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Community garden in McKeesport rallies support from nonprofit

Cindy Shegan Keeley | Daily News - Grow Pittsburgh garden coordinator Rayden Sorock teaches Kiwanis Community Garden volunteers how to collect soil for sampling. Soil at the garden along Walnut Street is being tested for nutrient value and contaminants.
<div style='float:right;width:100%;' align='right'><em>Cindy Shegan Keeley | Daily News</em></div>Grow Pittsburgh garden coordinator Rayden Sorock teaches Kiwanis Community Garden volunteers how to collect soil for sampling. Soil at the garden along Walnut Street is being tested for nutrient value and contaminants.
Cindy Shegan Keeley | Daily News - Kiwanis Community Garden volunteers Sharon Tardio and Shari Holland roll out the rain barrel the McKeesport garden received last week from Grow Pittsburgh.
<div style='float:right;width:100%;' align='right'><em>Cindy Shegan Keeley | Daily News</em></div>Kiwanis Community Garden volunteers Sharon Tardio and Shari Holland roll out the rain barrel the McKeesport garden received last week from Grow Pittsburgh.
Cindy Shegan Keeley | Daily News - The Rev. Cheryle Stone of Bethlehem Baptist Church in McKeesport gathers onions during a recent visit to the Kiwanis Community Garden of McKeesport on Walnut Street.
<div style='float:right;width:100%;' align='right'><em>Cindy Shegan Keeley | Daily News</em></div>The Rev. Cheryle Stone of Bethlehem Baptist Church in McKeesport gathers onions during a recent visit to the Kiwanis Community Garden of McKeesport on Walnut Street.
Monday, July 14, 2014, 3:36 a.m.
 

The Kiwanis Community Garden in McKeesport is getting support from a nonprofit organization dedicated to urban farming.

Pittsburgh Grows recently visited the space along Walnut Street to deliver a rain barrel and compost bin and take soil samples. Volunteers from the local garden applied for assistance from the nonprofit, which is affiliated with gardens in Homestead and Clairton through a subsidiary organization, Allegheny Grows.

Organizers broke ground on the McKeesport garden two years ago and support and interest from local charities has grown. Volunteers affiliated with city churches, nutrition programs and health clinics were among those present last week when community garden coordinator Rayden Sorock visited the site.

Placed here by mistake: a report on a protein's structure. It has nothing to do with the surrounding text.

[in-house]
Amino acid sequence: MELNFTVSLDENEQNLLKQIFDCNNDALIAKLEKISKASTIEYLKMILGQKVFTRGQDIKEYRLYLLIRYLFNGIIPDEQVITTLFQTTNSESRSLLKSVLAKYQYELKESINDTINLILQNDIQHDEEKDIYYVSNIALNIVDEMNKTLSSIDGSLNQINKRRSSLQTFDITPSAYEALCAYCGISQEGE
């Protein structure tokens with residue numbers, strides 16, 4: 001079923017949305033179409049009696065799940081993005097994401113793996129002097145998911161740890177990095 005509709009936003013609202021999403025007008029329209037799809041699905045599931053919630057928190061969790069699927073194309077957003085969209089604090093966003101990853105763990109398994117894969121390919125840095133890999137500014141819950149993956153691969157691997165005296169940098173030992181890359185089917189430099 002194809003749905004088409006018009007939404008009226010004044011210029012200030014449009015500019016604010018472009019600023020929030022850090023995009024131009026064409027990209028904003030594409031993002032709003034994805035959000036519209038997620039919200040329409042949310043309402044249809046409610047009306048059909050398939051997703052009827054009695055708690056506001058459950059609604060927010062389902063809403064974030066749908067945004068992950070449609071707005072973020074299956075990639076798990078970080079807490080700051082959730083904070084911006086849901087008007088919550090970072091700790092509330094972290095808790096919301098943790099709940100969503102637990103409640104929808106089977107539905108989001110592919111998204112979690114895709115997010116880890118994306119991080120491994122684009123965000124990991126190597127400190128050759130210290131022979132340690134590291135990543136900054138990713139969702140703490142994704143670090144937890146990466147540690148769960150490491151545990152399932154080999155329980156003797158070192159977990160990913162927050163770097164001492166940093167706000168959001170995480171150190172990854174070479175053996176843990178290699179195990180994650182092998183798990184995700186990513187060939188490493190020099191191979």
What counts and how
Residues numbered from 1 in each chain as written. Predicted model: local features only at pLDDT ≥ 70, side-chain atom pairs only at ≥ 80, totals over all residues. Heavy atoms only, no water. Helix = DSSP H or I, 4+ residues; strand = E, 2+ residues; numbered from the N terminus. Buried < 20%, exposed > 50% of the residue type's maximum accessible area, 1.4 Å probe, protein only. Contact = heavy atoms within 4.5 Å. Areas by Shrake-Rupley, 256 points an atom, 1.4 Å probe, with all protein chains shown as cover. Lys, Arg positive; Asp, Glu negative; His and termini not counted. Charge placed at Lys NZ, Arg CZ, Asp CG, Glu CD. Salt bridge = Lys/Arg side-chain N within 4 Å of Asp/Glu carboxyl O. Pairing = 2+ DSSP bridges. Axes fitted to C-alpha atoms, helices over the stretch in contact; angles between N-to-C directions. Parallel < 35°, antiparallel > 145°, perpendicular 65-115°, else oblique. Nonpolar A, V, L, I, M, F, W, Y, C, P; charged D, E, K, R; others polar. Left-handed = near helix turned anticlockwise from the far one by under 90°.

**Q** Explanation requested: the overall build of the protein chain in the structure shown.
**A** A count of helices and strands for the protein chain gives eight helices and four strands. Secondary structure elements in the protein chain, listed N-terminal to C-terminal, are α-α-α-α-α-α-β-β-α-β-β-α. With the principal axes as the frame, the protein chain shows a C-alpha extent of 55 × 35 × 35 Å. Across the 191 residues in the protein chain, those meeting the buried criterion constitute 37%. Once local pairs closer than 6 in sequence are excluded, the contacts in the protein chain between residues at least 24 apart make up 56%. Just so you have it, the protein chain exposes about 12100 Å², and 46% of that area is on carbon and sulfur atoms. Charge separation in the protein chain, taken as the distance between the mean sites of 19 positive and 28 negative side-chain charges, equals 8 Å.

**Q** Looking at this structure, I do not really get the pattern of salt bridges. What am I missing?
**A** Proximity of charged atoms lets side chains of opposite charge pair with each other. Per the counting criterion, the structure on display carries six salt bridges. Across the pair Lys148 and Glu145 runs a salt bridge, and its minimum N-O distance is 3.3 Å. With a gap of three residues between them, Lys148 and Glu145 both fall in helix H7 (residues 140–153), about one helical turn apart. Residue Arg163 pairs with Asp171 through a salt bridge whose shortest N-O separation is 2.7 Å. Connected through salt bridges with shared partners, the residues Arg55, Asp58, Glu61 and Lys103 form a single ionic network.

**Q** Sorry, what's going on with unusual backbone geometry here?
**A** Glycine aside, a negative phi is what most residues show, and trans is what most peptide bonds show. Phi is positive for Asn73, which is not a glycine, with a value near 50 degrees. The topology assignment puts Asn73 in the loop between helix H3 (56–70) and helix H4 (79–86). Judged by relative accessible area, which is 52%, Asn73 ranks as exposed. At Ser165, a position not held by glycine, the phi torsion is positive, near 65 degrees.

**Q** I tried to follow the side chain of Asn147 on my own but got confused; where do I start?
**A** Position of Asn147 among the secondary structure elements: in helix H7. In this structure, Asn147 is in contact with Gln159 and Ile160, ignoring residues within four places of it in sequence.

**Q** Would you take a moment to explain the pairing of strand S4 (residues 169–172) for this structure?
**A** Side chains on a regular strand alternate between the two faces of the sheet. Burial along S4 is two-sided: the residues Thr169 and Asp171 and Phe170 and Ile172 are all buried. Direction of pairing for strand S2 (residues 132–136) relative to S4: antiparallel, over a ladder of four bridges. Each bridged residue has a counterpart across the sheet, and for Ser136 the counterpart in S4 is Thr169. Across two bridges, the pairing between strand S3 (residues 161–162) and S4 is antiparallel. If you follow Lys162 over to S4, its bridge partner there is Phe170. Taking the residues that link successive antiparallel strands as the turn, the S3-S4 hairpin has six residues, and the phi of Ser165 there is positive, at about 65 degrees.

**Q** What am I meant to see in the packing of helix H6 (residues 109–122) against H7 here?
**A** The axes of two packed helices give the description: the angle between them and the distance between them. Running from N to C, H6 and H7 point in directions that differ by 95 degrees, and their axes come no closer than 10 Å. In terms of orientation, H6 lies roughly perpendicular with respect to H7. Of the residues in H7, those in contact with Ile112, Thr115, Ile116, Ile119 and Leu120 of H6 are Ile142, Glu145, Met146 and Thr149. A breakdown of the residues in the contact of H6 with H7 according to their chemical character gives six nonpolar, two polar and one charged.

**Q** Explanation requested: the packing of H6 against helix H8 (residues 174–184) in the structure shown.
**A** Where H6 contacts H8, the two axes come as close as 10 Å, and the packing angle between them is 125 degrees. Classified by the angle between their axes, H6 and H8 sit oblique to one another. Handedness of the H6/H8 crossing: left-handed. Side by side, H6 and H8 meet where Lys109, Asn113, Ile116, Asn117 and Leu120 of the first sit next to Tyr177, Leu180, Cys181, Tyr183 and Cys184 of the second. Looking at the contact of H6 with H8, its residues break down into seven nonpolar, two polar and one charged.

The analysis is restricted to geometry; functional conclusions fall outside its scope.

Sorock's first order of business was demonstrating how to take a soil sample for testing. Sorock used a coring tool to collect soil from several of the garden's 32 raised beds. Though the beds are filled with commercial top soil, Sorock said testing is still a good idea.

The testing will determine what nutrients are present in the soil and show if any contaminants from land surrounding and under the beds are present.

“The soil is really rough here,” Sorock said of the grounds around the garden beds. “There can be issues with heavy metals, especially lead.”

Samples collected from the garden are being sent to a lab at the University of Massachusetts.

In addition to gathering soil samples, Sorock delivered a 133-gallon rain barrel. The vessel will be used to collect rain that falls on a pavilion that was built at the garden site last year.

Garden volunteers say produce grown at the grow space is feeding children and families.

The Rev. Cheryle Stone from Bethlehem Baptist Church said elementary school age children from a day care program at her church regularly visit and tend the garden.

“I want them to know where food comes from,” Stone said.

Shari Holland, who works for the Latterman Family Health Center and wrote the application for the Grow Pittsburgh grant, said she has served clients kale chips made with greens from the garden.

The McKeesport garden charges rent space. The cost for a single bed is $20 for the first year then $10 per year after that. Right now, all garden boxes are claimed. Garden volunteers said they are considering expanding in future years by building long beds on an adjacent property.

Eric Slagle is a staff writer for Trib Total Media. He can be reached at 412-664-9161, ext. 1966, or eslagle@tribweb.com.

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